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'Pioneering' therapy treats asthma

'Pioneering' therapy treats asthma

A pioneering procedure, which could improve the symptoms of asthma sufferers, has taken place at a hospital in the UK.

The bronchial thermoplasty procedure was carried out at the University Hospital of South Manchester.

The first person to receive the treatment on the NHS was a middle-aged mother from Manchester.

The therapy involves the muscle that is blocking the airway being melted away with heat.

The patient will have been sedated and a bronchoscope is threaded through the nose or throat, and into the lungs.

It carries tiny wires with probes that emit radio waves and generate heat.

The muscle is heated to 149F (65C), while surrounding tissue is preserved.

Clinical trials of the treatment have been carried out globally, including in Glasgow, Manchester, Newcastle, Leicester, Birmingham and London.

Experts believe the procedure is safe and suitable for patients with moderate to severe asthma.

Professor Ian Pavord, consultant physician at Glenfield Hospital in Leicester and Asthma UK Chief Medical Adviser, said: "In some people with severe asthma, the symptoms of their asthma have been improved and the risk of them having an asthma attack has been reduced, so it is encouraging to see that the technique has now been carried out outside of clinical trials.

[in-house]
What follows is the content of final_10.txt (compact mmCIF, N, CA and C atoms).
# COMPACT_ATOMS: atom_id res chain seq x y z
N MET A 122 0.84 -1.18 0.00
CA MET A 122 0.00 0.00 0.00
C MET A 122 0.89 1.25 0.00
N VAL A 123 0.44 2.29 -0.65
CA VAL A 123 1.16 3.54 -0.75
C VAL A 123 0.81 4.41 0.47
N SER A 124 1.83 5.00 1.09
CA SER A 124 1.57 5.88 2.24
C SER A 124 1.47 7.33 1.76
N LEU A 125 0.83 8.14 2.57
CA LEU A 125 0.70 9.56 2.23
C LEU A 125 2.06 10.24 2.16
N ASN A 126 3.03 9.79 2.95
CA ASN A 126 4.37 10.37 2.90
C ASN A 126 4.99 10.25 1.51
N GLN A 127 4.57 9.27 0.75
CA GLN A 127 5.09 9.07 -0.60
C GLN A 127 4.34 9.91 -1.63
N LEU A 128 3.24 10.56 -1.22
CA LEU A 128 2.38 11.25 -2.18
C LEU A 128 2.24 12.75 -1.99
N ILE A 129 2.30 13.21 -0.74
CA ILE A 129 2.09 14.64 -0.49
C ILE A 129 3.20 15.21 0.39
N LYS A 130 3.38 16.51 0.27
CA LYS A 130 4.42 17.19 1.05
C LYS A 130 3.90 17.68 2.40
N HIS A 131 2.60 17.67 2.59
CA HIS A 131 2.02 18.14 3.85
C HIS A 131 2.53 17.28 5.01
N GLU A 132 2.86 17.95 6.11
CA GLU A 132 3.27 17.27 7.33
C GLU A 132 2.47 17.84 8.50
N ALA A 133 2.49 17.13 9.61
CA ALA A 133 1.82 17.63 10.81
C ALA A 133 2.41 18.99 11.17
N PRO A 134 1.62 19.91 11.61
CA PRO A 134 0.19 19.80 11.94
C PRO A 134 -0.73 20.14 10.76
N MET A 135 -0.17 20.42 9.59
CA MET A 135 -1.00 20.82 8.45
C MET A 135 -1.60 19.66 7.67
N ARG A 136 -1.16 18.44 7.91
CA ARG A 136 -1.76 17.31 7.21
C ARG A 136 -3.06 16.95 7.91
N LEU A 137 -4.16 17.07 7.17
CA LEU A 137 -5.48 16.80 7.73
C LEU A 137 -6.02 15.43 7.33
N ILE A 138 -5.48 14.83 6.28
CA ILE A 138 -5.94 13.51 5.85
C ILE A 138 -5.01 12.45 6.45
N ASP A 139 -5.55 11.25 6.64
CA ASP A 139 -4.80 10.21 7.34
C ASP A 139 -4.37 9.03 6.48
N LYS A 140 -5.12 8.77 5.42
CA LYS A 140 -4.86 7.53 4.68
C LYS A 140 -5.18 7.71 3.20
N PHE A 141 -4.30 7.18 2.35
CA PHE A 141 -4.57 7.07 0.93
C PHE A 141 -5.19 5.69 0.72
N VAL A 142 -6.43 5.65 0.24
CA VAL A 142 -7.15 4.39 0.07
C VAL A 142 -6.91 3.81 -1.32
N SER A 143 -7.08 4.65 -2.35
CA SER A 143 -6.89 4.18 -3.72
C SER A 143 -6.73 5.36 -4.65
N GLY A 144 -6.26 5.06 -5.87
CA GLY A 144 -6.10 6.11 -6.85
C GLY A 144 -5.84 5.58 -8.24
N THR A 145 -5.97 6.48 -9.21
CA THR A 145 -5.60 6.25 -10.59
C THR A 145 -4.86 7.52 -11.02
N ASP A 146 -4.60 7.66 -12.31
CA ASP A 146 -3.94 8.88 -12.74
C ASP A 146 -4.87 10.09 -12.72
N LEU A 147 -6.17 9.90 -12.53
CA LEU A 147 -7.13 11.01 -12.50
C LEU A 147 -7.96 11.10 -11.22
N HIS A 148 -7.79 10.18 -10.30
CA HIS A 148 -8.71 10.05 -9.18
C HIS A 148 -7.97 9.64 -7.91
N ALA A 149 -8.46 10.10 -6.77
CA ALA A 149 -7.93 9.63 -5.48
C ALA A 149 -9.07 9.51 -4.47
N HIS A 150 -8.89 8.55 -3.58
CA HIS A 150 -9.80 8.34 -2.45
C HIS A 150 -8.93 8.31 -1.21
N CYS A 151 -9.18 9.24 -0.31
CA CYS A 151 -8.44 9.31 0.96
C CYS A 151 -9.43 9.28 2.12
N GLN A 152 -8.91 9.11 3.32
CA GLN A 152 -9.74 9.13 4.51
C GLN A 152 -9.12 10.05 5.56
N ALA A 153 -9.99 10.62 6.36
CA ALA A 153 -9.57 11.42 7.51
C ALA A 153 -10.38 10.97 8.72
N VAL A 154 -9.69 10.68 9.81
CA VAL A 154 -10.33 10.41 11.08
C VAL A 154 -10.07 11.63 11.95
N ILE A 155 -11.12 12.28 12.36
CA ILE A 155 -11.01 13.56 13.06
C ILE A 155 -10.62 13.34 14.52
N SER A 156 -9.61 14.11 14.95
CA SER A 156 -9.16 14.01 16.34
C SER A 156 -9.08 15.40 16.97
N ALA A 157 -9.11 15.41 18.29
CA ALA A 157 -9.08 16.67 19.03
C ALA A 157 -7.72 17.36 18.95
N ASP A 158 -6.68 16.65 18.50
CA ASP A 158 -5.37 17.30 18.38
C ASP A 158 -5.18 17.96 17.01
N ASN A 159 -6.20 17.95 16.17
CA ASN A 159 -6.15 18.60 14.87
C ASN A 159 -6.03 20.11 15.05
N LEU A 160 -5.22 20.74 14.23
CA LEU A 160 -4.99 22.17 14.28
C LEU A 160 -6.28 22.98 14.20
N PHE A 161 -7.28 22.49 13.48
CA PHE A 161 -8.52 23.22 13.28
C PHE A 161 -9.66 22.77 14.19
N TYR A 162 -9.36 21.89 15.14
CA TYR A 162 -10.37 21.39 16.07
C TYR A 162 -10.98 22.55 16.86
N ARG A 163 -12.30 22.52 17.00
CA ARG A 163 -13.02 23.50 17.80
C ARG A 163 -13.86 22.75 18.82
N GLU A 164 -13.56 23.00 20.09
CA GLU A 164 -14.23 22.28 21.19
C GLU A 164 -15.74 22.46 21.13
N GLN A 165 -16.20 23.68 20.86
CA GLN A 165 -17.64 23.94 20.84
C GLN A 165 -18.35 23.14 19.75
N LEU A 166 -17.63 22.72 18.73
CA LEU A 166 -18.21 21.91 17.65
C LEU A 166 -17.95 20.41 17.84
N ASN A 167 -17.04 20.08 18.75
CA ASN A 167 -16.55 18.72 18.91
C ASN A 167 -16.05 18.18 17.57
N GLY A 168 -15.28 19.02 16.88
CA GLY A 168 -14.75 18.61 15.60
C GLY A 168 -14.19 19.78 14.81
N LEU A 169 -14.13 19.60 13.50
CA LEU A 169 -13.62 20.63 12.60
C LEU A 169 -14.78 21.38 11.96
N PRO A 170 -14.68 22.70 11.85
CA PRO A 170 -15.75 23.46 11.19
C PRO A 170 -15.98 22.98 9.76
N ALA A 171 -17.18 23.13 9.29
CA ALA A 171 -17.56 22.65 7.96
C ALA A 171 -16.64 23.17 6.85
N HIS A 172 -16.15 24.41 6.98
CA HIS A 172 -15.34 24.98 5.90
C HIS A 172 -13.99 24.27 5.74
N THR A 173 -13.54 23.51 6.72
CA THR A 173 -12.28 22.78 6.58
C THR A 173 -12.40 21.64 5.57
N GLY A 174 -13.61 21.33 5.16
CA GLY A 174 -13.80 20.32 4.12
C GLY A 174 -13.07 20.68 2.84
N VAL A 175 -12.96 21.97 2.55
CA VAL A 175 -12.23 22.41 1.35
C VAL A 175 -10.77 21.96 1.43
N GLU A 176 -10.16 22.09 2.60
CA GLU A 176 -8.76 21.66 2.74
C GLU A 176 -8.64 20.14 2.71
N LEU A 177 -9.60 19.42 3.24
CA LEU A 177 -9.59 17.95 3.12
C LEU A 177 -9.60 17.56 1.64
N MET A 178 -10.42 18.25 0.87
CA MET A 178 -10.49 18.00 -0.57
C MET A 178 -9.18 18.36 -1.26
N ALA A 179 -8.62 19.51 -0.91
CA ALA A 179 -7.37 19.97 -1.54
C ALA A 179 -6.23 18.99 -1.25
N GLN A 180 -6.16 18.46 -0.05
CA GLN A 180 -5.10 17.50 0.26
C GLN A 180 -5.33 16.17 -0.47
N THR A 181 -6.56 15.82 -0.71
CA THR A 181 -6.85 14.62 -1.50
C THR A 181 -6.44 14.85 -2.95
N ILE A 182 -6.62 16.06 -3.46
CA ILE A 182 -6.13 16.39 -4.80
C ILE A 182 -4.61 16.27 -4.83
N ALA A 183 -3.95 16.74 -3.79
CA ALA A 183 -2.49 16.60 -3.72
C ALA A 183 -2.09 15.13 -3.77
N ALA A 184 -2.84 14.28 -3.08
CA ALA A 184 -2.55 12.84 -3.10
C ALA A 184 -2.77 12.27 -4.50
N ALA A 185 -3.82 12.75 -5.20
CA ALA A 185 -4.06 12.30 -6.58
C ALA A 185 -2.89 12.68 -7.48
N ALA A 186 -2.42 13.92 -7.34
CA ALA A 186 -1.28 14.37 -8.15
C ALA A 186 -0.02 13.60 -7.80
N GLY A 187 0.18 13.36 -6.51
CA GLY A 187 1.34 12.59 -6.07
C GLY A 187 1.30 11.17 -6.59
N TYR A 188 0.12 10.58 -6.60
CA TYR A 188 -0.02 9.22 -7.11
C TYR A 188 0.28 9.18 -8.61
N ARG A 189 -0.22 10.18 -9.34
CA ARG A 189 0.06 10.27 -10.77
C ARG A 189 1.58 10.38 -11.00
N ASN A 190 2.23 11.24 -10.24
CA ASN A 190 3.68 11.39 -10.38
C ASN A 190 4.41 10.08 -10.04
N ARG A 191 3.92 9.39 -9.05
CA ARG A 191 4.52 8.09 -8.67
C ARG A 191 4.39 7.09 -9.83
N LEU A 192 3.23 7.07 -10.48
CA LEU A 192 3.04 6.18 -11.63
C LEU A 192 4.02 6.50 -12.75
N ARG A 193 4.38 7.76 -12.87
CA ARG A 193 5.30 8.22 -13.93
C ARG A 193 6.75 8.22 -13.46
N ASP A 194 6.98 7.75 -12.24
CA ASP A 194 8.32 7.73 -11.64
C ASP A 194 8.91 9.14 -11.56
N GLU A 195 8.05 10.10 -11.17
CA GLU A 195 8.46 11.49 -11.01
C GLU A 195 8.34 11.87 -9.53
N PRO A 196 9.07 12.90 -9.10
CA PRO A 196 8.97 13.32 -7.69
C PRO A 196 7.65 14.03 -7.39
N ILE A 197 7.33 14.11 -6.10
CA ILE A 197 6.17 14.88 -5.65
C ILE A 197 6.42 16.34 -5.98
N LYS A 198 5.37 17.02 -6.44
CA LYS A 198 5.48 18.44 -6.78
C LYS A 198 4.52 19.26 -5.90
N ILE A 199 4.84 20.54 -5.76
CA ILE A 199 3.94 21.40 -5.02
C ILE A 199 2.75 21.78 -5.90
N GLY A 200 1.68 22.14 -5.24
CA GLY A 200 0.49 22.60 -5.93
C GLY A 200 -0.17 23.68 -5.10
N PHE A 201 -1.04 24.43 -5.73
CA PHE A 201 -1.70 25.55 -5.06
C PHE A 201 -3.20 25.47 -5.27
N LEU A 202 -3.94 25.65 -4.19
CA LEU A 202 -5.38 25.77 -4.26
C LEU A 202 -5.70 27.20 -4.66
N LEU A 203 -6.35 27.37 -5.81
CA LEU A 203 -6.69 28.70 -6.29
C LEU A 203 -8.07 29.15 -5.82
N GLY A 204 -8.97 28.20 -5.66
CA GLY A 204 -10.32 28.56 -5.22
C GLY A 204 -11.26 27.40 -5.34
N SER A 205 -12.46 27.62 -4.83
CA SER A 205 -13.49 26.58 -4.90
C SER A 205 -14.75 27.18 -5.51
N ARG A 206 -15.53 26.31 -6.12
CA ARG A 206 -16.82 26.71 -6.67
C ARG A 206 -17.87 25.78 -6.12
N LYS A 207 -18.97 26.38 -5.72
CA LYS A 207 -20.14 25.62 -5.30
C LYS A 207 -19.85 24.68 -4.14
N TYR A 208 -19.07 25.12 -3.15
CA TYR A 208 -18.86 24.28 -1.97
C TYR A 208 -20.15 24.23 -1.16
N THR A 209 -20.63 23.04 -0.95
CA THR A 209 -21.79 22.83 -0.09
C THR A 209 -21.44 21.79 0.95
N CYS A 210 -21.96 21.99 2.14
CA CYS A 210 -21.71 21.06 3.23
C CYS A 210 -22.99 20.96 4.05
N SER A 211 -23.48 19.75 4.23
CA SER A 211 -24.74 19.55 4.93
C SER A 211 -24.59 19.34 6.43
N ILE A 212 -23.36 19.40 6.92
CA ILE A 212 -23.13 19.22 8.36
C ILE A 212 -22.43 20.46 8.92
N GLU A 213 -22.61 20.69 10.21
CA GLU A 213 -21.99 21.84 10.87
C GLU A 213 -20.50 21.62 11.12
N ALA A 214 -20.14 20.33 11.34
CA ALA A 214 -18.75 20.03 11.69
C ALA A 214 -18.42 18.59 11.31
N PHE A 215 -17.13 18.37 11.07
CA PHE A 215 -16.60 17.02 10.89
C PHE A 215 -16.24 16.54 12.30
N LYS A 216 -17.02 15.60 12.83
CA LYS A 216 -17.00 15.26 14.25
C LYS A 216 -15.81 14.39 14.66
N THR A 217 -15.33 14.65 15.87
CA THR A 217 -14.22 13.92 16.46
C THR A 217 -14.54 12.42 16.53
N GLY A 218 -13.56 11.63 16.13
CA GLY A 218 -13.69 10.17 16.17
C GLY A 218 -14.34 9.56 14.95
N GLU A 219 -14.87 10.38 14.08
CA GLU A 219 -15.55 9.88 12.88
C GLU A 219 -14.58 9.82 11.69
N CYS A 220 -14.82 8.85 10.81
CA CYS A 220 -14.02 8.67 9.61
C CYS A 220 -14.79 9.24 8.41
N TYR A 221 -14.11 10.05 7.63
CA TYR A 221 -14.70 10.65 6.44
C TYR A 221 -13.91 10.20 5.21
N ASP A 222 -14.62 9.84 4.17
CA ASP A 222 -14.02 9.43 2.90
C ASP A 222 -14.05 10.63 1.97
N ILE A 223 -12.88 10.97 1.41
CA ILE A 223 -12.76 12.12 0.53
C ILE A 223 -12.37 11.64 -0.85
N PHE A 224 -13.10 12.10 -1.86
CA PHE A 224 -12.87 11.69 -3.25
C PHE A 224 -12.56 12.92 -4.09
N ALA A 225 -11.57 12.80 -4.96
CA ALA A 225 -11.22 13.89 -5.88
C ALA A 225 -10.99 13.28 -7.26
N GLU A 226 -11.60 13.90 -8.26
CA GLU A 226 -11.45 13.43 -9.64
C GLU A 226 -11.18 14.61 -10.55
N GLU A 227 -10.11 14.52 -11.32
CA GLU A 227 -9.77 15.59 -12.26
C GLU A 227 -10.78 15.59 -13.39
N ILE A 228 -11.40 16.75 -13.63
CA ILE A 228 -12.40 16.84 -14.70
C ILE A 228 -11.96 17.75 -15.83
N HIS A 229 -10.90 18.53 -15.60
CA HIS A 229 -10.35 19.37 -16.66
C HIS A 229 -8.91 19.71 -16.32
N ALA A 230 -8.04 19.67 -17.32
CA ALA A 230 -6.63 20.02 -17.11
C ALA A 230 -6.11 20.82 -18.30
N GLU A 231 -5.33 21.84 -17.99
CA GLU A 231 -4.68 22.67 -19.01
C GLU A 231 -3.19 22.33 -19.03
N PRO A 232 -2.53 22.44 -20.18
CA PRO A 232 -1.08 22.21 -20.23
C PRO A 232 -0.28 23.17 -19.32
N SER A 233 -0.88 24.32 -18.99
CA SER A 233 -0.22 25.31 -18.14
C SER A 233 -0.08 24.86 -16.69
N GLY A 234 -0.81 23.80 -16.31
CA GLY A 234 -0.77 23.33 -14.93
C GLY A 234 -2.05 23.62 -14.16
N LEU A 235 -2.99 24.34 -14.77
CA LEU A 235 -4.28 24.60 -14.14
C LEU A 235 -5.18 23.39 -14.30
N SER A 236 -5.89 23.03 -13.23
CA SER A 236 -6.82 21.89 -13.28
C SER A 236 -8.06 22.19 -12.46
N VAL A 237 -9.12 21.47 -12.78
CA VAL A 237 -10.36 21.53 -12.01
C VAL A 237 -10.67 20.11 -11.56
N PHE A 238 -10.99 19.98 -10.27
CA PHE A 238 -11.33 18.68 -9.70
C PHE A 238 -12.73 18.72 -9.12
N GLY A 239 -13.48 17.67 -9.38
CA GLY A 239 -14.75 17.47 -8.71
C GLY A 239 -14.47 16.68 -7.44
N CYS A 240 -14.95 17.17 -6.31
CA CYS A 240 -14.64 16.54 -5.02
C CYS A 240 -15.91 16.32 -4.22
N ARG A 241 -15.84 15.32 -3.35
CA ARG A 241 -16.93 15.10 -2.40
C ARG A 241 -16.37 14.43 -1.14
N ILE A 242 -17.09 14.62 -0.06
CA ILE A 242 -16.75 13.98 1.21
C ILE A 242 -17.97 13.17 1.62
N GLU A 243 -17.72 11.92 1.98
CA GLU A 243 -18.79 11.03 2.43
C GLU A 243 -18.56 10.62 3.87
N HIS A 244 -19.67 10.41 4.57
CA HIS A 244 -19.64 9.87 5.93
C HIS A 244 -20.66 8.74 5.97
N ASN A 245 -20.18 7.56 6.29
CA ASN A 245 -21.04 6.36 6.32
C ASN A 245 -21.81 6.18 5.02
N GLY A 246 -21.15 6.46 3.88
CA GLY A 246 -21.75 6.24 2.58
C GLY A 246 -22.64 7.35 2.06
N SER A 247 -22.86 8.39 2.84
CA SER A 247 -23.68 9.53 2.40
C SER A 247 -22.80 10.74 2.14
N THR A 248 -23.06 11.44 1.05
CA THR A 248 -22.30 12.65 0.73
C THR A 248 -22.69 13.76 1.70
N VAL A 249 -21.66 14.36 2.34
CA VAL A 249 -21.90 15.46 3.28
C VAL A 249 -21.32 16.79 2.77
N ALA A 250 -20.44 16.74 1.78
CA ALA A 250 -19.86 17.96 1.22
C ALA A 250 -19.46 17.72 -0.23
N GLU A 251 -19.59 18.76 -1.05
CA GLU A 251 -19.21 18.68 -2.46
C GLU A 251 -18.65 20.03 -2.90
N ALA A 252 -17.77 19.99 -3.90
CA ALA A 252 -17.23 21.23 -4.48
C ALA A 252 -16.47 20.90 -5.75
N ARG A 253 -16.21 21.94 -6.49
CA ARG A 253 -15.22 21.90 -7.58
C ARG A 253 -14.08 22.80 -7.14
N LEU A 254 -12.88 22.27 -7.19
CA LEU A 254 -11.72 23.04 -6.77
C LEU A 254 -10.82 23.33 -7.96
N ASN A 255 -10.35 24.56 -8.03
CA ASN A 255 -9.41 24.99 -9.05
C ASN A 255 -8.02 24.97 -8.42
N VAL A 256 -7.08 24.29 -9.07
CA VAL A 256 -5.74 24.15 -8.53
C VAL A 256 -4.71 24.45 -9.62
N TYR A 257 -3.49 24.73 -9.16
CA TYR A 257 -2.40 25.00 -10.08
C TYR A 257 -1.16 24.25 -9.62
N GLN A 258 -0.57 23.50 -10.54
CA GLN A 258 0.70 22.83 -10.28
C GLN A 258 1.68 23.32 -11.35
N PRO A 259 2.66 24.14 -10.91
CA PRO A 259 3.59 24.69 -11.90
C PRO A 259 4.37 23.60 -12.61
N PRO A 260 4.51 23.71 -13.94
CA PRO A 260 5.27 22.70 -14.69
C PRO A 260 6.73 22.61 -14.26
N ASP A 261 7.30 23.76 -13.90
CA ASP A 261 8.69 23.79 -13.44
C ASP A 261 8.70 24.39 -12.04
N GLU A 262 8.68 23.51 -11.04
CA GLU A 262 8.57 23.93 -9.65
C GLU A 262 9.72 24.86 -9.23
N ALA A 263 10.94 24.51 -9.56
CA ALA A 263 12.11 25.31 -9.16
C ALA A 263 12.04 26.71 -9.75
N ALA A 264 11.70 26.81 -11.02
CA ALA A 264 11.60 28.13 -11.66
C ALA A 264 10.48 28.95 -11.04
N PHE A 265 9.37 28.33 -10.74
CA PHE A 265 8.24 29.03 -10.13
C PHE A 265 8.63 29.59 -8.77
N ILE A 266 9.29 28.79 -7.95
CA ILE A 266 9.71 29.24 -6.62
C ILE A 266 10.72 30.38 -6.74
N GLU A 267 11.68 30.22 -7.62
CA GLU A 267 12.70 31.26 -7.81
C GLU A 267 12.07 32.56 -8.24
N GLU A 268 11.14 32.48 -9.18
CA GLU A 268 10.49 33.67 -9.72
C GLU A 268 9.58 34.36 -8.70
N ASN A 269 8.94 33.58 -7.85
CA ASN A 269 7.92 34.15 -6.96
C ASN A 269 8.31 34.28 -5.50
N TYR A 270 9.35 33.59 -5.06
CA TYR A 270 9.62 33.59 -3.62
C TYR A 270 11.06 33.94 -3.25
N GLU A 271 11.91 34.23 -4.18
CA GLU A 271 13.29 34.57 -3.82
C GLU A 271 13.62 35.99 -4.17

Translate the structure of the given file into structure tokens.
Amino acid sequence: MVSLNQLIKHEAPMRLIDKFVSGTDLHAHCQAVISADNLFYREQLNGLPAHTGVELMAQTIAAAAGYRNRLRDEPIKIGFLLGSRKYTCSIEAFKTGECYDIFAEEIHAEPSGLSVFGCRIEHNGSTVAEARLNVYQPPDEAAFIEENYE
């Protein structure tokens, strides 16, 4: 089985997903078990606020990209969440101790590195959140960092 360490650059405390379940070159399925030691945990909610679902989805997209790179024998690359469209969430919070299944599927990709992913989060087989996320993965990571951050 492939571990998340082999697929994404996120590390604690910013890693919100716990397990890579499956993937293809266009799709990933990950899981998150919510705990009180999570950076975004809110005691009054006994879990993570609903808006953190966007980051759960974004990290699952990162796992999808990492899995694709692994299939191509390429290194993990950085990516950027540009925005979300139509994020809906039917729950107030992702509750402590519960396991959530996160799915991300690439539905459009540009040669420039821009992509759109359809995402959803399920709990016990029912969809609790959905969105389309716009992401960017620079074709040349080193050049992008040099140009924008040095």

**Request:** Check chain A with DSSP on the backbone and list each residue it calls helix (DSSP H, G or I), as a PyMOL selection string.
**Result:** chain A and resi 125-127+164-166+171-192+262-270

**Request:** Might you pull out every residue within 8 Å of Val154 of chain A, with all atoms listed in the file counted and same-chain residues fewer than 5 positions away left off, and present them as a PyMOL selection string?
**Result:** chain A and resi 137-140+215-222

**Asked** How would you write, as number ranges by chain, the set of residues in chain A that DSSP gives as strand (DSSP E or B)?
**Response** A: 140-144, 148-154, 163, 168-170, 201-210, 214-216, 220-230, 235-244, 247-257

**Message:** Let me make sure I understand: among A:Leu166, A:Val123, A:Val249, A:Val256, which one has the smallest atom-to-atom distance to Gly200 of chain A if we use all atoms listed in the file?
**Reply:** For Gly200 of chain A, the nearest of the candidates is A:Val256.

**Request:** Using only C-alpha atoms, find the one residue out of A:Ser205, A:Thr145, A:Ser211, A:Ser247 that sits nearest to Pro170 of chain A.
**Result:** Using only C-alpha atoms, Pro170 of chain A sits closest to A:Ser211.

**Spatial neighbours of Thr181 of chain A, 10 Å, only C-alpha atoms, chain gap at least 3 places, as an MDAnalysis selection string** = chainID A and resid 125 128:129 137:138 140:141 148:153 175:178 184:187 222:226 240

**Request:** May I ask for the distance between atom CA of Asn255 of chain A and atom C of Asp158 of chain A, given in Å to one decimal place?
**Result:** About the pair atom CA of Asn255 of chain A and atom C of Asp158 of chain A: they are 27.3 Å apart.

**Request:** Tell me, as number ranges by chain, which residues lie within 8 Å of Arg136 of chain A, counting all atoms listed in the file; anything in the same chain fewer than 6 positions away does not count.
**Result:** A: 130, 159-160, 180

"However this kind of procedure will not work for everyone, so we would encourage people with asthma to discuss various treatment options with their GP to find the best way for them to keep their asthma managed and under control."

Copyright Press Association 2011

Your comments (terms and conditions apply):

"This seems a logical therapy. A similar type of procedure is used to treat A.F. very successfully within the pulmonary veins. It will probably be finessed the more it is used" - Paula Williams, UK

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